Martin Orlik, 30 years old and born in Prostejov in the Czech Republic, studied PE and Biology in Olomouc,
Czech Republic, and was also the state karate champion.
He’s been paragliding since autumn 2000 and taught himself to fly.
Martin’s strong Czech accent and dreadlocks make him hard to miss.
How long have you been in the US and how did you end up here’
When communism ended, I was 15. My girlfriend Martina and I left the Czech Republic and went travelling.
We were in England, all over Europe, Canada and then here. We ended up in Sun Valley, ID, and that is where I learned to fly.
You taught yourself’ How did that go’
A friend gave me a glider called an EZ Fly and I took my first flight at Sky Ridge.
It was 700 feet high and I flew straight away from the hill in zero wind. I really liked it.
Did you ever think that you would win the US Nationals two years later’
Never. I just flew by myself and used my style. I don’t like flying with people who aren’t ’on top of their glider’,
so I just keep going out in front. On one task, I saw a guy way out in front of me. I flew as fast as I could and finally overtook him.
Later I found out that he was a ’wind dummy’ who had launched much earlier.
How do you rationalise using that much speed system’
I do fly fast, when I am high. I use the speed bar on every transition.
I fly a Boomerang and it pitches around too much if you glide at trim.
I go full speed sometimes, but I mostly just use the speed bar like the brakes. But I never go fast when I am low.
I heard that you fly with music. Were you listening to music during those tasks at the Nationals’
I always fly with music and the Owens was no exception.
Music gives me company up there and makes my flying world more 3D.
What is your favourite part of flying’ Do you have a favourite flight’
Cross country, and my favourite place to fly is King Mountain, ID.
My favourite flight was from Baldy at Sun Valley, ID, in 2001. It was cold and my first time over 13’000 feet.
I was up over an hour and did a 20 mile triangle around the valley.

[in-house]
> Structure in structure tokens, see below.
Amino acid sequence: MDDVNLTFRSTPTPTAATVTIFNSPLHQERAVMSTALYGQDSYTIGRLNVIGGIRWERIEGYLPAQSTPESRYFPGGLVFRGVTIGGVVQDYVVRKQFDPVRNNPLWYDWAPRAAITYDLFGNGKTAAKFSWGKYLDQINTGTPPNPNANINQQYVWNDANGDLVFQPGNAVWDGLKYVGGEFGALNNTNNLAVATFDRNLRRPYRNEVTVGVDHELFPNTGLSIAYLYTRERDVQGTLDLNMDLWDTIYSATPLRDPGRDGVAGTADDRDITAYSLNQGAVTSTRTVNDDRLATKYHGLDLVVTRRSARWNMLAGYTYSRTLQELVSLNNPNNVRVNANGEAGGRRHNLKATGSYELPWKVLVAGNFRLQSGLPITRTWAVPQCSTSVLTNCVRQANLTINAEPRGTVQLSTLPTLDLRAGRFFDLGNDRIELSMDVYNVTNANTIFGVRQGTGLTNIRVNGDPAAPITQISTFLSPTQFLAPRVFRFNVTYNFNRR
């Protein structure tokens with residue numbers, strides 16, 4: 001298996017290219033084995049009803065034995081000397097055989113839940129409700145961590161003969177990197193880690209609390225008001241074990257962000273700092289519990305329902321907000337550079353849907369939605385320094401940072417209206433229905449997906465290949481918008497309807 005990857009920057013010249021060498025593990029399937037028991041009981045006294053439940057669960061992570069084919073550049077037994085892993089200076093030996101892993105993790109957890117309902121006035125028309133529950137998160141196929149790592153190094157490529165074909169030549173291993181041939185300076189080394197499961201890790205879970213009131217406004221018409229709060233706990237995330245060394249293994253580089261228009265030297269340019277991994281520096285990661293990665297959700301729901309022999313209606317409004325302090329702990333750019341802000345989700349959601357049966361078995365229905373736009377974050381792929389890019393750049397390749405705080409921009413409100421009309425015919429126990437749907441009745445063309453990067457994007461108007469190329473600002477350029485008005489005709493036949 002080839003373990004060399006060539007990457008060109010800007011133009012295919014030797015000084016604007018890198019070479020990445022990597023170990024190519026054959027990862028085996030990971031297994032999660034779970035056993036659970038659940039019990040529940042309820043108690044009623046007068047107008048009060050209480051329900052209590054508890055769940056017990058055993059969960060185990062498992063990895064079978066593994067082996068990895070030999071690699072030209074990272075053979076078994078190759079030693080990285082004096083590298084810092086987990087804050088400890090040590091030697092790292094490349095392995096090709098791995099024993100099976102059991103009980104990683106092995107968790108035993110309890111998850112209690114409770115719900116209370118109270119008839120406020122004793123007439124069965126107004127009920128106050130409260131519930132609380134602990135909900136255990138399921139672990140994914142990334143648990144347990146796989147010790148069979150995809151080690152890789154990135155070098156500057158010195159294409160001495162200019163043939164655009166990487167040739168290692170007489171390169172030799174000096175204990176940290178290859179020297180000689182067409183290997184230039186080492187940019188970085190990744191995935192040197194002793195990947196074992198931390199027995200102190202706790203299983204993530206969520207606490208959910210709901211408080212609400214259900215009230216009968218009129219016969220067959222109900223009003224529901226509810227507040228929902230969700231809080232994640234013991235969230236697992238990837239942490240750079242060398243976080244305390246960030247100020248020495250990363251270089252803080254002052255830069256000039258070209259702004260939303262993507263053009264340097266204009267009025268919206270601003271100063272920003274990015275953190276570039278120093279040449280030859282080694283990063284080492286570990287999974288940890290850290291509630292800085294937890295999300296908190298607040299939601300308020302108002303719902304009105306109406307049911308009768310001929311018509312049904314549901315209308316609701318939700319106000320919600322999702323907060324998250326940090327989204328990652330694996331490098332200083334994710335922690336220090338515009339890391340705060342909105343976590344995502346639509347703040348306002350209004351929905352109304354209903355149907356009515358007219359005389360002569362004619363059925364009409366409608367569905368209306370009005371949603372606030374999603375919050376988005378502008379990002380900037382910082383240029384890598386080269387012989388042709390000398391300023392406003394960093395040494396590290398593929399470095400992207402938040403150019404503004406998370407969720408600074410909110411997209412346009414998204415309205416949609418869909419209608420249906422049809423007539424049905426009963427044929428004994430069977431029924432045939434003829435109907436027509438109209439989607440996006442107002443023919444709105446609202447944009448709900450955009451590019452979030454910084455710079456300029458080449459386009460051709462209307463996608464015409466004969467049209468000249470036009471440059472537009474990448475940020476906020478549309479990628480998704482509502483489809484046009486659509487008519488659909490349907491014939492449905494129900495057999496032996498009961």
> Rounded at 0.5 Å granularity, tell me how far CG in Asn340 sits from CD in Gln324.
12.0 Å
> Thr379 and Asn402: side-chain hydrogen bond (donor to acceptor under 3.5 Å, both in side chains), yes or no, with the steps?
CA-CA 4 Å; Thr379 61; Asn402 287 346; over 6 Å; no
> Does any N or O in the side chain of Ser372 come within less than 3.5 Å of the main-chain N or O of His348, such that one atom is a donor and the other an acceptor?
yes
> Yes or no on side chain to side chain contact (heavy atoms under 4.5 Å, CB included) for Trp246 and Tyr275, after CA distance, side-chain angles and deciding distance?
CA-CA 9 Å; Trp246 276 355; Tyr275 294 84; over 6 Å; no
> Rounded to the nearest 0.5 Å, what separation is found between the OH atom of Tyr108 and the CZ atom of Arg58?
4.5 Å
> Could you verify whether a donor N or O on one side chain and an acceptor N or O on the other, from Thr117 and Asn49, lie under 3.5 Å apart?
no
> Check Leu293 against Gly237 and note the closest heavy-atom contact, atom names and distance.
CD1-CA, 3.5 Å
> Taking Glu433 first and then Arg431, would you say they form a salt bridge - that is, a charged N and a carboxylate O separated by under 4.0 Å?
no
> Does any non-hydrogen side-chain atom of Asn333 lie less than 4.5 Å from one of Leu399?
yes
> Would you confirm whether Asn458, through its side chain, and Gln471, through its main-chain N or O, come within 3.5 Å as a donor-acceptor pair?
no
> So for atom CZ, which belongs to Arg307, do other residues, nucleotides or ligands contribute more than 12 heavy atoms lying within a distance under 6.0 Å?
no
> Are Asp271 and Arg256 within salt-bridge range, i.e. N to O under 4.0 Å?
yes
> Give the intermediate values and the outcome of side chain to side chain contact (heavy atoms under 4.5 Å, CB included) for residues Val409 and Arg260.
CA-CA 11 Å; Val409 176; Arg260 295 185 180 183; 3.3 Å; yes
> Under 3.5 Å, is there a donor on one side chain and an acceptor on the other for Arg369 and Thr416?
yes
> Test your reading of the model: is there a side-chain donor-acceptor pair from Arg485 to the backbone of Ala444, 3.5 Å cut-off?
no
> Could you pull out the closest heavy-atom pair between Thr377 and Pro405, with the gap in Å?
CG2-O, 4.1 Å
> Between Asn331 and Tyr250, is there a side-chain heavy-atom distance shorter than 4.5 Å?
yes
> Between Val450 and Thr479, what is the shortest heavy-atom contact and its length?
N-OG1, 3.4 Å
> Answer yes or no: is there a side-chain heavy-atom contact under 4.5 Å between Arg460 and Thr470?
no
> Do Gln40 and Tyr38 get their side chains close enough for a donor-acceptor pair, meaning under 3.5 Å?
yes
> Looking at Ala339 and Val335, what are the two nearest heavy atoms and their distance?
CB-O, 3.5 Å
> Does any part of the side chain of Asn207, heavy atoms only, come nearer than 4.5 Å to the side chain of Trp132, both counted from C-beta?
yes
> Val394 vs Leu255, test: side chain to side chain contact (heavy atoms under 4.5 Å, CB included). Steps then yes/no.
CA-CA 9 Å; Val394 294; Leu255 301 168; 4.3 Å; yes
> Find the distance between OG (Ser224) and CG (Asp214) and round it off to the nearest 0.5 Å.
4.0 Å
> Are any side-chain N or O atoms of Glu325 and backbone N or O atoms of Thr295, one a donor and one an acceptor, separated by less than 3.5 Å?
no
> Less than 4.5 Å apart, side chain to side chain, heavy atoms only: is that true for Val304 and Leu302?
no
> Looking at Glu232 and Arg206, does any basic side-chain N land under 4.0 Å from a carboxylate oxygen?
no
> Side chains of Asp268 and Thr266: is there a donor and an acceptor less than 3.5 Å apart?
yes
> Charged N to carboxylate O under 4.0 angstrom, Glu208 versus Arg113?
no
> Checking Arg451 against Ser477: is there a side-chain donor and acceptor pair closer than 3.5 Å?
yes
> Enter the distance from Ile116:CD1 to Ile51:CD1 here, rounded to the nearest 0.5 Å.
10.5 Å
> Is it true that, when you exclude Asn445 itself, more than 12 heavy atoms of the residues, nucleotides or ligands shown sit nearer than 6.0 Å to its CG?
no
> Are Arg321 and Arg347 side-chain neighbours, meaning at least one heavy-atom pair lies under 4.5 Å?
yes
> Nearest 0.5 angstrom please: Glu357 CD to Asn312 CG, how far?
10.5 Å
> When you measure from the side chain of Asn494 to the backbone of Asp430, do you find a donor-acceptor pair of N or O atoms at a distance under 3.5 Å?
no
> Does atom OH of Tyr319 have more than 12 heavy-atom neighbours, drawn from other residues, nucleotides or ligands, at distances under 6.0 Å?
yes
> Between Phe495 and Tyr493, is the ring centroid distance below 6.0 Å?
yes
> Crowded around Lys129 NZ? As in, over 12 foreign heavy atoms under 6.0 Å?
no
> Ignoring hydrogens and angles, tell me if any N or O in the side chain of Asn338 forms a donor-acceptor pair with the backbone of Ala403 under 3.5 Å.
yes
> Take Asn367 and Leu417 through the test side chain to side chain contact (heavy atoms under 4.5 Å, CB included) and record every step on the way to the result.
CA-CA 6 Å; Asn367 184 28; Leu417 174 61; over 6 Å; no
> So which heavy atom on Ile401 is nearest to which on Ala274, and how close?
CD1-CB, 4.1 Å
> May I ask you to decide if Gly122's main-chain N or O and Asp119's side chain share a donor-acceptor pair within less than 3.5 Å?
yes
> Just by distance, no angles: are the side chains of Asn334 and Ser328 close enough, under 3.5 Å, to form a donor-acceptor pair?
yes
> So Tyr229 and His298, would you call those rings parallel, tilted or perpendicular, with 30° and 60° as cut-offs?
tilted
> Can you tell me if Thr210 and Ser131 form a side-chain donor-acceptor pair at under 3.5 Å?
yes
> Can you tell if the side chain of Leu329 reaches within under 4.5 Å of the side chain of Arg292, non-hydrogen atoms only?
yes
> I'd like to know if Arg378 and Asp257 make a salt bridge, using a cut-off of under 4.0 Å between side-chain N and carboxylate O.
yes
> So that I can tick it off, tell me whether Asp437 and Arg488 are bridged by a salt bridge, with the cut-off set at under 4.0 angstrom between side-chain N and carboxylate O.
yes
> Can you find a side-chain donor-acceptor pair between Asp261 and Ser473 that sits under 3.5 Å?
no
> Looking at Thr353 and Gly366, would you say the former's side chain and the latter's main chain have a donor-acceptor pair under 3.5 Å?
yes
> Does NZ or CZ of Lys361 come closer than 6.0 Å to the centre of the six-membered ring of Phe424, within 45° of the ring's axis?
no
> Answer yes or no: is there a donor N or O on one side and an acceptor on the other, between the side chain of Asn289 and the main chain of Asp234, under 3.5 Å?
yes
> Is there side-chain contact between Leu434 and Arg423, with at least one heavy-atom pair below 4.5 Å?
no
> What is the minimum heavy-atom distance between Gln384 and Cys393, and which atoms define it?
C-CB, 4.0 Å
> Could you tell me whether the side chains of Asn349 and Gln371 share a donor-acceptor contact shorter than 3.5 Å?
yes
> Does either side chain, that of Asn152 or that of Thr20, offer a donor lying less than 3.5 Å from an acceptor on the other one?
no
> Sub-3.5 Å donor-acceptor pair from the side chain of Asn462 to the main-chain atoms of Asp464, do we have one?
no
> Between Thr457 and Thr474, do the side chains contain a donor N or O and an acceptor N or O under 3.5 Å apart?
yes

I had only done my first turns in a thermal a week before so it was very exciting. I didn’t even have a vario for my first year.
What is your least favourite part of flying’
Almost getting killed. It was late spring and the conditions at King Mountain were light.
I took off and went up to the top of the mountain where a 30mph wind came out of nowhere.
I couldn’t go forward, so I turned downwind and went over the top of the mountain at 500 feet.
There wasn’t much rotor, but I landed in sage brush going backwards 20mph.
You said that you sought out some training.
The guys from Jackson Hole Paragliding helped me a lot.
I went over there and paid them to teach me manoeuvres over the water. I spent a year working on wing-overs.
I do 95% of my acro over the ground, so I have to be completely sure that I have mastered one manoeuvre before going on to the next.
What kind of advice do you have for the average pilot’
To realise that weather is 70% of the flight. You need all of the info that you can get.
On acro, that there are too many people skipping the basics. They don’t understand the basic dynamics of the wing.
Be ready to listen to more experienced pilots.
I like Todd Bibler’s advice: don’t climb in bad thermals, don’t climb in sink, only get as high as you need to get to the next thermal.
If you are climbing, turn. If you are going to glide, then glide. This works perfectly.
From Cross Country magazine